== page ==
Sunday, June 11, 2017

"King of Kings" Actor Ron Randell 2005 Westwood Village Cemetery

Ronald Egan "Ron" Randell (October 8, 1918 – June 11, 2005) was an Australian film and stage actor who also worked in the USA and Britain.


Australian career

Randell was born Sydney, Australia. He started his career as a stage and radio performer in his teens. He soon established himself as a leading male juvenile for radio, acting for 2KY Players, George Edwards, BAP and on Lux Playhouse. He also worked as a compere for variety shows, in particular with Jack Davey.[1] The majority of his stage work was done at the Minerva Theatre, including performances in Of Mice and Men and The Voice of the Turtle.

In 1943-44 he toured America, working in theatre and radio in San Francisco and Los Angeles, before returning to Sydney.[2] Around this time he changed his professional name from "Ron Randall" to "Ron Randell" to avoid confusion with actor George Randall.

Randell's break came when he was spotted by producer Nick Perry at the Minerva Theatre performing in While the Sun Shines.[3] This led to Randell being cast as the lead in Smithy, a biographical film about the pioneering Australian aviator Sir Charles Kingsford Smith, who made the first flight across the Pacific (from the United States to Australia) in 1928. (The film was released as Pacific Adventure in the United States and as Southern Cross in the UK).

Randell had previously appeared in another film, A Son Is Born, opposite Peter Finch and Muriel Steinbeck. Although made before Smithy, its release was held off until after the latter film had come out, to take advantage of its publicity.[4]


Smithy had been made with funds from Columbia Pictures, who offered Randell a long-term contract and he moved to Hollywood in October 1946.[5][6]

Columbia cast Randell as Bulldog Drummond in two low-budget films, Bulldog Drummond at Bay and Bulldog Drummond Strikes Back. (These were made for an independent company, Venture, but released through Columbia.)[7] Columbia were impressed enough by this to cast Randell in a good support roles in an expensive "A" production, It Had to Be You (1947).[8] This was followed by The Mating of Millie (1947)[9] and the prestigious The Loves of Carmen (1948), which indicated he was one of Columbia's bright new stars.[10] Then came Sign of the Ram and two lower budgeted films The Lone Wolf and His Lady and Make Believe Ballroom.[11]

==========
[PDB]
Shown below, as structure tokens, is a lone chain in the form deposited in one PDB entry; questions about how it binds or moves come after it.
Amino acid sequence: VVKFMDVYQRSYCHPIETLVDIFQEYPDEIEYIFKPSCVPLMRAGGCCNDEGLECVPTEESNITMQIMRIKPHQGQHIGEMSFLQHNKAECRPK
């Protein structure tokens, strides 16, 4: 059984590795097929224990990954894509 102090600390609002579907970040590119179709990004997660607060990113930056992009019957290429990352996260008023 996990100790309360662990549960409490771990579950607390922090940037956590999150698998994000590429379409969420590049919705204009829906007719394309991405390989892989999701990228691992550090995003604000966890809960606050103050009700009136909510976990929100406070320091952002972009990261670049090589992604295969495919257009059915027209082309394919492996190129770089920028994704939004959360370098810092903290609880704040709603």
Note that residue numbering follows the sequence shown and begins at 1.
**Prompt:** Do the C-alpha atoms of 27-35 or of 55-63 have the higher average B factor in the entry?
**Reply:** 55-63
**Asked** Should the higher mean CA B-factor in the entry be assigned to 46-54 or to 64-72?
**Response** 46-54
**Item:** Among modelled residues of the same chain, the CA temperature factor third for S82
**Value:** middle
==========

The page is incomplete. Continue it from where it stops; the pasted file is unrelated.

He continued to work in television and theatre and had a number of good roles for other studios, including:

Kiss Me, Kate (as Cole Porter), 

I Am a Camera, 

The She-Creature and The Longest Day.

Arguably his best performance was in King of Kings, as the Roman centurion Lucius, who defends Christ at his trial as a sort of impromptu legal counsel, and presumably becomes converted to Christianity after the Crucifixion.


Frustrated at the progress of his career, Randell moved to Britain in the 1950s.[12] From October 1954 to December 1955, Randell hosted the ABC anthology series The Vise. In 1957 to 1958 he starred in the lead role in O.S.S..

Later career

After he returned to Hollywood, in 1964 he appeared as Hubert Ambrose in the Perry Mason episode, "The Case of the Illicit Illusion." He guest starred twice on Bewitched in 1964 and 1967 and played a lead role in the two-part The Contenders episodes for the Mission: Impossible series in 1968. During this time Randell played in several European films such as Savage Pampas (1966).

Ron Randell's Broadway credits included Terence Rattigan's The Browning Version (1948), Candida (1952), The World of Suzie Wong (1958), Butley (1972), Mrs. Warren's Profession (1976), Bent (1979), Duet for One (1981) and The School for Scandal (1995). He returned to Australia in 1969 to appear in There's a Girl in My Soup.[13]

Personal life

Randell was married three times. He married his first wife, stage actress Elaine Diana Maltzman, in New Canaan, Connecticut, in October 1948.[14] They divorced in 1949.[15] He was engaged to actress Amanda Blake and they planned to marry in 1951[16] but there seems no evidence they went through with their plans. He was engaged to Marie Keith in September 1952,[17] and they married in October that year. However, they separated in 1953, at which time he was seen with Amanda Blake, who was described as his "former fiancee."[18] Marie Keith and Randell were divorced in 1955.[19]

He married Laya Raki in 1955 and they remained together until his death in Los Angeles in 2005[20] following a stroke. He was 86. He is interred at Westwood Village Cemetery

Selected credits


South West Pacific (1943) (short) as U.S. Soldier
To Have and Have Not (1944) as Naval Ensign (uncredited)